ynaber2613 said:
      The order of items  3 and 4 depend on income level.

       I don't disagree necessarily, but I was trying to keep it simple for the OP, who didn't seem to be in that position.... though I could be wrong.

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      • ynaber2613
      • ynaber2613
      • 4 mths ago
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      nolesrule Thanks for clarifying those limits, have not kept up with them lately (I indicated 7K on IRA since I am in the catch up bracket, well was in the catchup bracket but retired last year so I just contributed my last 14K for the wife and I to our Roth's).  

      There are so many nuances with 401K's and I wish companies would better educate employees on those and I am not sure how many of the rules are company/401K rules vs federal government rules.  For example my 401K would allow for partial roll overs while I was still employed but will not allow partials after retirement.  After I retired I was going to roll my after tax money over to my Roth but was told I would have to roll the entire 401K since I am no longer working, oh well I missed that one.   

      Also there is something called Net Unrealized Appreciation (NUA).  This rule allows company stock to be rolled over to a regular investment account and pay tax on the original purchase price and then pay  regular capital gains tax in the future on the rolled amount.  If I had know this early in my career I might have kept my company stock.

      Another thing I discovered after retiring when I was going to roll all of my 401K to my IRA's is that 401K's have a special protection from the federal government against law suits and bankruptcy, IRA's are protected by state government and every state is not the same.  The state I am in does not protect Roth's at all and only protects traditional IRA's to a certain amount.  If you move to a different state I am not sure which state protection you fall under, does it follow you?  401K's are protected regardless of how much you have in there.

      I highly recommend that people do a lot of research about these topics early in life and plan accordingly.  Luckily my 401K provider has low fees and decent index fund selections so I am OK leaving my money with them.

      Bottom line is that this is a complex topic that requires a lot of study.

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      • nolesrule
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      ynaber2613 

      ynaber2613 said:
      Also there is something called Net Unrealized Appreciation (NUA).  This rule allows company stock to be rolled over to a regular investment account and pay tax on the original purchase price and then pay  regular capital gains tax in the future on the rolled amount.  If I had know this early in my career I might have kept my company stock.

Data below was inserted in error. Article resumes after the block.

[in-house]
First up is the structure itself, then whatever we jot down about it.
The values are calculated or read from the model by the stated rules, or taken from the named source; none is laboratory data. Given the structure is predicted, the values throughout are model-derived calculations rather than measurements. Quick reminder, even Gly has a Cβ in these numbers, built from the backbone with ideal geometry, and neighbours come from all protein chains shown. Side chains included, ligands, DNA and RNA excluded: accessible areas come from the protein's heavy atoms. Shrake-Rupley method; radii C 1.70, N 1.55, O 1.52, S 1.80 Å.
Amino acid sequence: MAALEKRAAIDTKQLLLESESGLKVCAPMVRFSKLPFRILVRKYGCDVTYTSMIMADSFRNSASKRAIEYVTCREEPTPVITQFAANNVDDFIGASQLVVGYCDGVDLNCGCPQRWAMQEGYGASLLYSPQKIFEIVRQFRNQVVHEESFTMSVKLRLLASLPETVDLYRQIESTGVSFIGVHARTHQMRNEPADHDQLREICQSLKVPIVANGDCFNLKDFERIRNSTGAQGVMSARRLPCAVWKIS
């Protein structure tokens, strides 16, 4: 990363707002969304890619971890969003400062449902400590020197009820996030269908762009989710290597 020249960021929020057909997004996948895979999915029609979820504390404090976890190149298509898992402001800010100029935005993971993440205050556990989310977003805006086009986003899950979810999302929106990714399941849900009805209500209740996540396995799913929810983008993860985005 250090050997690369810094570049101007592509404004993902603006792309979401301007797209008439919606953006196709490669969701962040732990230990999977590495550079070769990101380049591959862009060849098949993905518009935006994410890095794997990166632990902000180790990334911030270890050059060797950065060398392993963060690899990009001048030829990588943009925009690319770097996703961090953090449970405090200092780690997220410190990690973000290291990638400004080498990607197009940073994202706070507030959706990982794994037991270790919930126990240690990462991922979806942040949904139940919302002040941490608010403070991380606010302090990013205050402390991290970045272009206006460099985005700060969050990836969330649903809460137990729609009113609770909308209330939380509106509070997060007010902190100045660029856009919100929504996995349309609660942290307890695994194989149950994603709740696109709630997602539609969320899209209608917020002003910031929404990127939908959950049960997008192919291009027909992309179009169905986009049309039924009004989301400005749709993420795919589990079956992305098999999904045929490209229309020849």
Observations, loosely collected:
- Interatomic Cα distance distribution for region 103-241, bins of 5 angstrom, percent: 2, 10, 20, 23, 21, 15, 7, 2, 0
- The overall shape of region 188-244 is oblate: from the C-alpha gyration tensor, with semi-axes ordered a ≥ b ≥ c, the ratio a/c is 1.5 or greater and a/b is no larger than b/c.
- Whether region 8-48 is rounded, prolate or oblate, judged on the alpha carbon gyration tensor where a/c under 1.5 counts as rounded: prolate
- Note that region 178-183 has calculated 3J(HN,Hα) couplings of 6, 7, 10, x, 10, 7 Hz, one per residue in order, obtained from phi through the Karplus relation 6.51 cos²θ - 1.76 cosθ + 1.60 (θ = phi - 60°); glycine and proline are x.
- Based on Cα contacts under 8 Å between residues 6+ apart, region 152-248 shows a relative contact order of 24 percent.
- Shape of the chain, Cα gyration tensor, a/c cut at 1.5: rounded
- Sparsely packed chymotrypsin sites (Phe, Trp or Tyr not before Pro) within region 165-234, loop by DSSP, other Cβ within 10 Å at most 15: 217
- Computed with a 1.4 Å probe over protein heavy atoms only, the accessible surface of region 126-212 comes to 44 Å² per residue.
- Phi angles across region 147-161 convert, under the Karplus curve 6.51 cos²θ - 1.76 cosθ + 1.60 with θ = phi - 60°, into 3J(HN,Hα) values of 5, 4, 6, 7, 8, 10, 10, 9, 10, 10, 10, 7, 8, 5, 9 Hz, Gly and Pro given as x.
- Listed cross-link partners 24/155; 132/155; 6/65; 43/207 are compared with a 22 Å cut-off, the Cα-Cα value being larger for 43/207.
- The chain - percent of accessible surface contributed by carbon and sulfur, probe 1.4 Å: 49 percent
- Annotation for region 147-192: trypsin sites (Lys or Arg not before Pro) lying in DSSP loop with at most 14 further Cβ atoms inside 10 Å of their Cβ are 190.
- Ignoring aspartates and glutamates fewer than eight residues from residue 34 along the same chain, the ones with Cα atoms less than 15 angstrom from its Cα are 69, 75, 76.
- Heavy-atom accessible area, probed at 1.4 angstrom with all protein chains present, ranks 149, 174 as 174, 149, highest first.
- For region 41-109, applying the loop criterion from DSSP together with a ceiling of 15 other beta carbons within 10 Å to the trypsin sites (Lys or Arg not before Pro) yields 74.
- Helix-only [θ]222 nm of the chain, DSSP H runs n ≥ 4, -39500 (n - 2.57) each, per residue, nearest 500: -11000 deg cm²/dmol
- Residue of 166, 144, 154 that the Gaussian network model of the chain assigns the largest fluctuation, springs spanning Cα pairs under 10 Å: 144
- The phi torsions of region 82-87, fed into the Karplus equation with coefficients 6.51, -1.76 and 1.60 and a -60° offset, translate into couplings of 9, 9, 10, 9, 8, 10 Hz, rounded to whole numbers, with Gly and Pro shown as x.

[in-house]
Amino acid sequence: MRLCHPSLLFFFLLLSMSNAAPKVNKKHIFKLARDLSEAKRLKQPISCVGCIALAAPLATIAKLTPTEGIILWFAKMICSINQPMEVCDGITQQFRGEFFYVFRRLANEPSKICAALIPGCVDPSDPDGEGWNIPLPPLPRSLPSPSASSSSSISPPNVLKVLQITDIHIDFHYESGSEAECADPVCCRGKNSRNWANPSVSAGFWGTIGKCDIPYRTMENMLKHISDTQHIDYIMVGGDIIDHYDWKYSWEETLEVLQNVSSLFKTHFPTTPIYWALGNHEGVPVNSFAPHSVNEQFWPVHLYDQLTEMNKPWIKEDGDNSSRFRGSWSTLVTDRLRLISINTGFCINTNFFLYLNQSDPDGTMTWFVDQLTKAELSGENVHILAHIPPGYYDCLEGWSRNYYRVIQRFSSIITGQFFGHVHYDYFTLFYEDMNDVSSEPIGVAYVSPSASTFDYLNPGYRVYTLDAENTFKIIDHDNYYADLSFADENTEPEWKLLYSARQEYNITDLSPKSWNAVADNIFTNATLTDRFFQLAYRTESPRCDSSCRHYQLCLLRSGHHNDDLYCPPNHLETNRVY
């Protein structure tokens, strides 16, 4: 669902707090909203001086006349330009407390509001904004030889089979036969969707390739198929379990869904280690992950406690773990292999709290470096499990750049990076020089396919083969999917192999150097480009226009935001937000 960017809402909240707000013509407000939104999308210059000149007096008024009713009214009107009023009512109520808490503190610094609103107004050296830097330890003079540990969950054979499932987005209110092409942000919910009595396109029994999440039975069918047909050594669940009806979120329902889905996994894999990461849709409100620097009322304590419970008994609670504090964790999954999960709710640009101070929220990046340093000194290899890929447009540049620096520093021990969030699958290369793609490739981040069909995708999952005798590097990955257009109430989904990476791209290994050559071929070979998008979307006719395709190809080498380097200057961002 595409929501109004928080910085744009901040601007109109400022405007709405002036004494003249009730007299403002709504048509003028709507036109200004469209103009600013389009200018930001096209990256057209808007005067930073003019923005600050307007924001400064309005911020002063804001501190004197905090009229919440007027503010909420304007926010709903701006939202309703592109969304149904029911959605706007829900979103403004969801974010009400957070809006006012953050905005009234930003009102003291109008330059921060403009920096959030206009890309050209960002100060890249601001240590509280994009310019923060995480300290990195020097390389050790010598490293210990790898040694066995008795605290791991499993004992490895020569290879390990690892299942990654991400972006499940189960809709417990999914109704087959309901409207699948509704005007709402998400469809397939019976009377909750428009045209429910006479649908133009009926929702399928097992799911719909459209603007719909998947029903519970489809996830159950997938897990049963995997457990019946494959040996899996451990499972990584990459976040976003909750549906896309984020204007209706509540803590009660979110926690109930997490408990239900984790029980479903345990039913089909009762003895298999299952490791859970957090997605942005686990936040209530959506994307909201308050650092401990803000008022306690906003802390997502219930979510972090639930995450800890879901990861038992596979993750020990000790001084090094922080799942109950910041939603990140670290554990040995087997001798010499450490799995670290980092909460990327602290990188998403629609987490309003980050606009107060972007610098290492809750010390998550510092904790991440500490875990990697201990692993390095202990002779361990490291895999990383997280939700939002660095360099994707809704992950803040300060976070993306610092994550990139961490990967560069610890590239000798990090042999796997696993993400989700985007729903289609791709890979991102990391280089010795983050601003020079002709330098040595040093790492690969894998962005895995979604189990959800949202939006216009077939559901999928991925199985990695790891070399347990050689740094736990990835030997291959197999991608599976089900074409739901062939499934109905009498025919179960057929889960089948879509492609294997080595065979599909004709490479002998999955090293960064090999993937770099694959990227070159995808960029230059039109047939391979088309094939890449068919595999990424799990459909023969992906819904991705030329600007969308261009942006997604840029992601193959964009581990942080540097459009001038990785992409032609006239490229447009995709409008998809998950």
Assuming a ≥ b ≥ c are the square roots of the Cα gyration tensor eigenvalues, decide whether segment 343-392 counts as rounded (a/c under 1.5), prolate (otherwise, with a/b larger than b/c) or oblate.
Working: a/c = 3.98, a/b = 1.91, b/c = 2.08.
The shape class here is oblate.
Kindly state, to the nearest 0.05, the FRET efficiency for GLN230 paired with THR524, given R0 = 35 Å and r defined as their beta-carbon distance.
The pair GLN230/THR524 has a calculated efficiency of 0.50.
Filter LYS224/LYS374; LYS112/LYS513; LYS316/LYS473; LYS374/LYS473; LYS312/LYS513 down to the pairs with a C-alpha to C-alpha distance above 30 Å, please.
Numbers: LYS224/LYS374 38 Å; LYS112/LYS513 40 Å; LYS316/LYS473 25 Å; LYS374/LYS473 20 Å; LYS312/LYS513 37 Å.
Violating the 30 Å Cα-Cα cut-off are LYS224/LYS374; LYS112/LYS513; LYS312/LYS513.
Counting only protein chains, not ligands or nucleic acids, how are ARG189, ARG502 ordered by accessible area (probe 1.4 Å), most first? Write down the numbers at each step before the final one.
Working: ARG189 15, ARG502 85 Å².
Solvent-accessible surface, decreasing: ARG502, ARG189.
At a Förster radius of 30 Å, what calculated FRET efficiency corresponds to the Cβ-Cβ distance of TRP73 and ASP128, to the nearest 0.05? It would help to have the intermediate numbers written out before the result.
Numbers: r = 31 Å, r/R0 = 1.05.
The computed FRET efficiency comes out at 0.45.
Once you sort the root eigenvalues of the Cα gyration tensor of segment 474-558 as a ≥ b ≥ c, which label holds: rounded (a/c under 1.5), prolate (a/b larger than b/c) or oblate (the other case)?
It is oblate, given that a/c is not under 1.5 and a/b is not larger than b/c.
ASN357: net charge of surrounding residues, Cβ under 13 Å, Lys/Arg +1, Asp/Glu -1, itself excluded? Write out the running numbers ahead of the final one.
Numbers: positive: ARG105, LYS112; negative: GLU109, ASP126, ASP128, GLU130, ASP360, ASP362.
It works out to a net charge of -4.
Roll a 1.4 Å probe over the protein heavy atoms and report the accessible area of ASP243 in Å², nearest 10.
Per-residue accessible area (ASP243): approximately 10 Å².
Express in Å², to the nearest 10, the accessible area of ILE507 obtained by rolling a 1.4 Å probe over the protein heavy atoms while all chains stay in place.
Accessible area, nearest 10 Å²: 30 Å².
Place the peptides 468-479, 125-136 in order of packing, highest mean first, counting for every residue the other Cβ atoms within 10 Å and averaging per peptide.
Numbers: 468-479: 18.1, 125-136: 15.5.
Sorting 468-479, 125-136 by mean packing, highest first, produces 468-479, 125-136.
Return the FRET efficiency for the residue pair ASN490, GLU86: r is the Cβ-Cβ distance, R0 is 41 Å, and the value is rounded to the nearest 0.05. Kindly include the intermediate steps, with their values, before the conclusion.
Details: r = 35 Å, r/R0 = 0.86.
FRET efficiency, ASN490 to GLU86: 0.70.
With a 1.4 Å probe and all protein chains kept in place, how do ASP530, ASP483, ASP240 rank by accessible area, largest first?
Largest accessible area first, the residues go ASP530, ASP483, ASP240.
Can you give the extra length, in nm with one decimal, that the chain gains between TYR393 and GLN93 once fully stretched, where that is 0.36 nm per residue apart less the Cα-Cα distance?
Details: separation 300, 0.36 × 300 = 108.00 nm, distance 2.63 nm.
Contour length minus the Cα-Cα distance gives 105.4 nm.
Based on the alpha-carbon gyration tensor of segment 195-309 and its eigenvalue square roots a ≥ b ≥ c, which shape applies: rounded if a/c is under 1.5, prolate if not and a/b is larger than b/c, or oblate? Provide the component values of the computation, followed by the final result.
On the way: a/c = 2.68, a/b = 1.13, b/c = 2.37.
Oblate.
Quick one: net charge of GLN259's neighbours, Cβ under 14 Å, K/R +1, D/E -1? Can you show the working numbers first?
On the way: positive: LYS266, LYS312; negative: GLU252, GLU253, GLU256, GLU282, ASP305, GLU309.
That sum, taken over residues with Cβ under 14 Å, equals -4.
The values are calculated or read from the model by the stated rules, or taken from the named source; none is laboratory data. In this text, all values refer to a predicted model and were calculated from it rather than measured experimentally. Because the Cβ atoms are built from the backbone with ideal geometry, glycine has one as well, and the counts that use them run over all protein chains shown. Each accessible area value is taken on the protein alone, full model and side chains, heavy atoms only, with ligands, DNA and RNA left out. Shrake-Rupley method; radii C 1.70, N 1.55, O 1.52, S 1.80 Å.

Yeah, it's advantage, but on the other hand it's risky holding so much in company stock because you have much of your employment and retirement tied up in a single company.... and additionally you may not have the money to pay the ordinary income tax at time of rollover (or it might not be worth the lump sum tax hit). Not to mention if your company is a large cap or a MegaCorp, you might already be holding a decent amount of it in your other investments.

      Mrs. nolesrule gets her employer match in company stock, and while her company is in the S&P500 and has slightly outperformed the stock market in general, we limit it to 5% of our portfolio. The sales are unfortunately considered FIFO, so that raises the cost basis everytime we sell, which likely will make NUA not worth it.

      So NUA is one of those things where you need to assess your own situation.

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      • nolesrule
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      • nolesrule
      • 4 mths ago
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      smella The one thing I don't like about that article is the assumption of the 4% safe withdrawal rate being applied for longer retirements.  There is no evidence that it is a safe withdrawal rate for periods longer than 30 years. It's using the results of a study designed to answer one question and applying it to another scenario that does not match the criteria. The blog article kinda just hand-waves away this issue with nothing mathematical to back up the assertion, which I think is a major disservice to MMM's readers.

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  • Khaki Storm said:
    present

     Should be "pre-set %'s" 

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  • For your 401(k), at a minimum, contribute the percentage where the employer gives a match. This is effectively free money. If you have other priorities, like debt, it might not make sense to max out your 401(k). The benefit to a traditional 401(k) is that you take the money out tax free, reducing your taxable income. However, if you want to maximize your retirement savings (that 15% you've heard), i'd actually recommend opening a Roth IRA to contribute after tax money to instead of increasing your 401(k) contribution, unless you really need to lower your taxable income.

    For the HSA, I would HIGHLY recommend contributing as much as possible. Again, this money comes out pre-tax and reduces your taxable income. The money is YOURS to take with you if you leave the company. It can be used to reimburse you at any time for your qualified medical expenses. You never know when you'll have a medical event, so it's great to have. If you don't spend your HSA, it can be used as a retirement vehicle, but i have kids so just assume I'll use it.

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  • I ended up moving my traditional IRA into my 401k. First of all, my 401k is excellent so no qualms there although I would have left it at Vanguard all things being equal. But the main reason was it allowed me to take advantage of a mega backdoor Roth.